The placebo effect in religious practices

31 May, 2021

The paper Placebo effects in the context of religious beliefs and practices: A resting-state functional connectivity study stemming from project 02/18 - Neurobiological effects of Lourdes water: an fMRI study, supported by the BIAL Foundation, was published by Anne Schienle, from the University of Graz (Austria), in the journal Frontiers in Behavioral Neuroscience.

 “Background: Placebos (inert substances or procedures) can positively influence a person’s psychological and physical well-being, which is accompanied by specific changes in brain activity. There are many different types of placebos with different effects on health-related variables. This study investigated placebo effects in the context of religious beliefs and practices. The participants received an inert substance (tap water) along with the verbal suggestion that the water would come from the sanctuary in Lourdes (a major Catholic pilgrimage site with reports of miracle cures). We investigated changes in resting-state functional connectivity (rsFC) in three brain networks (default-mode, salience, cognitive control) associated with the drinking of the placebo water.

Methods: A total of 37 females with the belief that water from the sanctuary in Lourdes has positive effects on their spiritual, emotional, and physical well-being participated in this placebo study with two sessions. The participants drank tap water that was labeled “Lourdes water” (placebo) before a 15-min resting-state scan in one session. In the other (control) session, they received tap water labeled as tap water. The participants rated their affective state (valence, arousal) during the session and were interviewed concerning specific thoughts, feelings, and bodily sensations directly after each of the two sessions.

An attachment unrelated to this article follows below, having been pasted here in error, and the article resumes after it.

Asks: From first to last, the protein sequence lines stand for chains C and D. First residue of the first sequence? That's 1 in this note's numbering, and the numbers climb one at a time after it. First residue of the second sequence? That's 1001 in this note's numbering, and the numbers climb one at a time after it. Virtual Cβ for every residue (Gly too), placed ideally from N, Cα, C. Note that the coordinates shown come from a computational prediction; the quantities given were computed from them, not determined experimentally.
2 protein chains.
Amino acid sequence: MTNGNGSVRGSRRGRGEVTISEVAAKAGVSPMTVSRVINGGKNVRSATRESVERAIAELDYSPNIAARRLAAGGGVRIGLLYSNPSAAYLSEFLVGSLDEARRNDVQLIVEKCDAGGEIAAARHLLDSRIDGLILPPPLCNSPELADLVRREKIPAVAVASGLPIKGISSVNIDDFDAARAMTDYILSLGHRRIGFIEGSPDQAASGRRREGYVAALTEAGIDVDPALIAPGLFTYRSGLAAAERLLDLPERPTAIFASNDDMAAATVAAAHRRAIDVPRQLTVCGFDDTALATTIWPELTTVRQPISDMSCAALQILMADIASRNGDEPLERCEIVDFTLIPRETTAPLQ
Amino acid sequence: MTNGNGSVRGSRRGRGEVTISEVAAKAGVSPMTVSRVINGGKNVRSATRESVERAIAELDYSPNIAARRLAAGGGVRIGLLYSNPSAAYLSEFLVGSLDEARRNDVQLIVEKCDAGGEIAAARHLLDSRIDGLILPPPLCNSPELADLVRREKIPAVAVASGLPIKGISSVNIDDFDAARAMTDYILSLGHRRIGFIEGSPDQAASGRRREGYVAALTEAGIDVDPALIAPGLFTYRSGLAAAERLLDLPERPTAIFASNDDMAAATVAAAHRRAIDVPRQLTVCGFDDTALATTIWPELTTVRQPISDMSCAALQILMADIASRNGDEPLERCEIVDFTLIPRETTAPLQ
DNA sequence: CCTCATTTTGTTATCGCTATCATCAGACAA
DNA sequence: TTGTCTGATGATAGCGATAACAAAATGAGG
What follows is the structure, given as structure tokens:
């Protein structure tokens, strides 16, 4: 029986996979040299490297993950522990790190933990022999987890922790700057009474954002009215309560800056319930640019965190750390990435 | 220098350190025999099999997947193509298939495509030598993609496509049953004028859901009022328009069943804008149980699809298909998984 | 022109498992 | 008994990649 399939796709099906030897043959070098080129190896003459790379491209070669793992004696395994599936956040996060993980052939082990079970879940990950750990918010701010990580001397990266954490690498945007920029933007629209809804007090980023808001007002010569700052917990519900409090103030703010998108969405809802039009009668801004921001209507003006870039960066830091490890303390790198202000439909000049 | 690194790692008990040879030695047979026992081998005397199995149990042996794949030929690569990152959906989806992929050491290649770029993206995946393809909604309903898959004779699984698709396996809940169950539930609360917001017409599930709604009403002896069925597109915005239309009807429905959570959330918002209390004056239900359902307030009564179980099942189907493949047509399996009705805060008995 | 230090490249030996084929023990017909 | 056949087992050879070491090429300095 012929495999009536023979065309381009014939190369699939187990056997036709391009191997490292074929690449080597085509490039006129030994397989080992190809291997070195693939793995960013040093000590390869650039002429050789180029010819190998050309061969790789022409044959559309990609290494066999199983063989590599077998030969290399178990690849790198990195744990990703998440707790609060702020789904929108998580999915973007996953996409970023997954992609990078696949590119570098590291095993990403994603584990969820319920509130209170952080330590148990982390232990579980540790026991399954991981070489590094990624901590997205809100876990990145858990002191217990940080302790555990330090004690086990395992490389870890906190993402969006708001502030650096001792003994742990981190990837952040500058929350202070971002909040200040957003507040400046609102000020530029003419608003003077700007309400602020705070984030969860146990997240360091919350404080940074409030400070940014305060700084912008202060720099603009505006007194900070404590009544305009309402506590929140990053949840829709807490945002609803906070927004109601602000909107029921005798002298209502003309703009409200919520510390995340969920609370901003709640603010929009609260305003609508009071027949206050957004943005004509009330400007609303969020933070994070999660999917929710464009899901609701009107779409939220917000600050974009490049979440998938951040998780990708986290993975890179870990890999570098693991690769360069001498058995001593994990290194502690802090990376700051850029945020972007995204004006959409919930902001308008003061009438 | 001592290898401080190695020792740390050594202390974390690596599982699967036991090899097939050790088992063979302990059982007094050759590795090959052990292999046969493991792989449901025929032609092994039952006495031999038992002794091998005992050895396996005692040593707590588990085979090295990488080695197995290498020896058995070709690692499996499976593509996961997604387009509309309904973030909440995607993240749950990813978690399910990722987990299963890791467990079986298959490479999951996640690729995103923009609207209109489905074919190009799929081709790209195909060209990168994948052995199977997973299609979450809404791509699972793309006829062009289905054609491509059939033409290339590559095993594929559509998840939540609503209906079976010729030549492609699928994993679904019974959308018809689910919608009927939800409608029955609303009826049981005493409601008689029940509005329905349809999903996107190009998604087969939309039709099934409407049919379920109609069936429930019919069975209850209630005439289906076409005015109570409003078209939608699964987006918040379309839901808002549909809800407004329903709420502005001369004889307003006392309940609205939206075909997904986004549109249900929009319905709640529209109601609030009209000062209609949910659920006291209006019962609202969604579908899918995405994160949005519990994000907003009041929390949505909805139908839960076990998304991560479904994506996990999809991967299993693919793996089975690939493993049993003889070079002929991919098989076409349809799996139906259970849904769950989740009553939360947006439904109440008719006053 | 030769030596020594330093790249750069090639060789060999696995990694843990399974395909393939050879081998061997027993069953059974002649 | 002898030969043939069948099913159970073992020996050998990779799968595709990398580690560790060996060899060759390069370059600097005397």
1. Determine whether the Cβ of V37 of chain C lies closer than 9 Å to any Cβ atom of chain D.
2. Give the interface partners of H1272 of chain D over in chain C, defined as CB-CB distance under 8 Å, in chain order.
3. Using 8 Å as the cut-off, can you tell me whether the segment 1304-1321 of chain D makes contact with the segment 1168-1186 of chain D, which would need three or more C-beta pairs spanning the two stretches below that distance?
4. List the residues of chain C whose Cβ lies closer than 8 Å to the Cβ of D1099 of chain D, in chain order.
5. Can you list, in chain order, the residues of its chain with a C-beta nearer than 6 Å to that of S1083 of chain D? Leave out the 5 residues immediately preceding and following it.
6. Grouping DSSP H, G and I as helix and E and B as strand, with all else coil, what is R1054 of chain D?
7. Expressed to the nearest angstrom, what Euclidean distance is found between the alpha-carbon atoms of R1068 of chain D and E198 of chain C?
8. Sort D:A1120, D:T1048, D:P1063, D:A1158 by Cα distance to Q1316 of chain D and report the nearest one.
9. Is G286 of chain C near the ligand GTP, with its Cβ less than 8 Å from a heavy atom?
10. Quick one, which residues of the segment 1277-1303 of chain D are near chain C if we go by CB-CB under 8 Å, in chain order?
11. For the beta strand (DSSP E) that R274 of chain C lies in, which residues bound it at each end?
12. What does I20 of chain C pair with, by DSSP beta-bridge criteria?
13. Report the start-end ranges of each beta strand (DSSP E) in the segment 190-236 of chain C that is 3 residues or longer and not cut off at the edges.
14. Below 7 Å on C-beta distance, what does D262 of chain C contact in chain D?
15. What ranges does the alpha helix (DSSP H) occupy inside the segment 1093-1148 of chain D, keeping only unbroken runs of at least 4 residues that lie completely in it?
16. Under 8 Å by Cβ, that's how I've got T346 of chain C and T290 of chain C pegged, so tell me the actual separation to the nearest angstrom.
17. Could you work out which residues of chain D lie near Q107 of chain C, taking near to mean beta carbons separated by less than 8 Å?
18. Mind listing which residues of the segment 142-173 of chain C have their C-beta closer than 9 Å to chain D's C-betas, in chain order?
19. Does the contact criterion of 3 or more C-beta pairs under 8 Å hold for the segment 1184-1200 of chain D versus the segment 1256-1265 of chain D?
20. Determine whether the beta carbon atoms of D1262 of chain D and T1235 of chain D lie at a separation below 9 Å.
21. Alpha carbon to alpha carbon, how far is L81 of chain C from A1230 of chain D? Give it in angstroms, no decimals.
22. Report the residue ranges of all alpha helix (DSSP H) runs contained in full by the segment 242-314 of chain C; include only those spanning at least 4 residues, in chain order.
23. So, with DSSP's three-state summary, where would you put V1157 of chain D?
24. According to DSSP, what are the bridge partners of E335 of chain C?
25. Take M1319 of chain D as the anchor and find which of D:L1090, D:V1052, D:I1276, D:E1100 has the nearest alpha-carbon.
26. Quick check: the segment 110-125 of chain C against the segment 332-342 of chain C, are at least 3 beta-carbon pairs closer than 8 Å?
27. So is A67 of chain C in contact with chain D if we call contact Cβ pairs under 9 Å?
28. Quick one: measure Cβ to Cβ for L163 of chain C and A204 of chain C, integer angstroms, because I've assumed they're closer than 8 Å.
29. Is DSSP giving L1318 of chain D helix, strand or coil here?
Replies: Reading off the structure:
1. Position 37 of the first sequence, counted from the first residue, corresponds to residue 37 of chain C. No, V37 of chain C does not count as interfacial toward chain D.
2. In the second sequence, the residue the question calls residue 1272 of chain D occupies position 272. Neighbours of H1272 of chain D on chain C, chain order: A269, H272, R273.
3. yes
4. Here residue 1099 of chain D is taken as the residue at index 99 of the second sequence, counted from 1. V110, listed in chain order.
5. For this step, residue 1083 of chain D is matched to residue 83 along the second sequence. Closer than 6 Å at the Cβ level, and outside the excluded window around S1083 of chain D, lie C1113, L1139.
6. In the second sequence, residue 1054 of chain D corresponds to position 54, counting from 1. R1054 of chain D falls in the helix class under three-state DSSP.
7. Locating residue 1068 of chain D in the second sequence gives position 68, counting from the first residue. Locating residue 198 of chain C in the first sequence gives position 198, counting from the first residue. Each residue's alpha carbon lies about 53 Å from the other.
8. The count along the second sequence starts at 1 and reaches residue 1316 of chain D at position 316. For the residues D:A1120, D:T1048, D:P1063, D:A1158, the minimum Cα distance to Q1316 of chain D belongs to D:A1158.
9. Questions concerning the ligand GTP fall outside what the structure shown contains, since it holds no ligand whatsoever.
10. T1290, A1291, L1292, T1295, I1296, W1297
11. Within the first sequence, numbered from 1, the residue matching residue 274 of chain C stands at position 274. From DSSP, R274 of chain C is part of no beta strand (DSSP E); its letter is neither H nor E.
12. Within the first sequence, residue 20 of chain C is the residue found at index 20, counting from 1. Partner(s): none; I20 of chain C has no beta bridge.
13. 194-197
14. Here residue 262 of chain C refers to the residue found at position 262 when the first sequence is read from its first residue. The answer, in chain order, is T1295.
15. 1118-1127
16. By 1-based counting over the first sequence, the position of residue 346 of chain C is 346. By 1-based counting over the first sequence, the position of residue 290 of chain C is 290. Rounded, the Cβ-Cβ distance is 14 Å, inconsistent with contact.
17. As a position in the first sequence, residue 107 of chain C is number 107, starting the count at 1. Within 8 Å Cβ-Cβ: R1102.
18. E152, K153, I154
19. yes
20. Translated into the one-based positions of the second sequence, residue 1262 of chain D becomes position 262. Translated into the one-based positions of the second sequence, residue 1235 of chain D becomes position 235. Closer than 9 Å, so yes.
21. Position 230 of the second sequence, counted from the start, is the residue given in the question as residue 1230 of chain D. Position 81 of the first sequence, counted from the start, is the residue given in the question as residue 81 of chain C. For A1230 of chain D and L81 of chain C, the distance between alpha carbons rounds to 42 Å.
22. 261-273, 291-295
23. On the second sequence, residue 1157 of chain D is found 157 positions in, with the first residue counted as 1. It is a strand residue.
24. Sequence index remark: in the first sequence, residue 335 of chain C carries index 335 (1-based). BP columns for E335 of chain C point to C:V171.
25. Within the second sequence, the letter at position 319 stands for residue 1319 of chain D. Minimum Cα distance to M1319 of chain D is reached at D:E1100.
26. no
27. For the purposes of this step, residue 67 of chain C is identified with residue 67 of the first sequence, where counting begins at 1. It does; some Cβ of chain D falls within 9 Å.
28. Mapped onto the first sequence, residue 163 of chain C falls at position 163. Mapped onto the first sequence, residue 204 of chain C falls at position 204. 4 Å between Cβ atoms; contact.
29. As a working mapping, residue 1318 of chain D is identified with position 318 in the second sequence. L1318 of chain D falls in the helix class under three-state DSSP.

Results: The placebo reduced rsFC in the frontoparietal cognitive control network and increased rsFC in the salience network (insular-cerebellar connectivity). During the session, the participants rated their affective state as very pleasant and calm. The ratings did not differ between the two conditions. Immediately after the session, the participants reported increased intensity of pleasant bodily sensations (e.g., feelings of warmth, tingling) and feelings (e.g., gratefulness) for the “Lourdes water” condition.

Conclusions: The present findings provide the first evidence that placebos in the context of religious beliefs and practices can change the experience of emotional salience and cognitive control which is accompanied by connectivity changes in the associated brain networks.”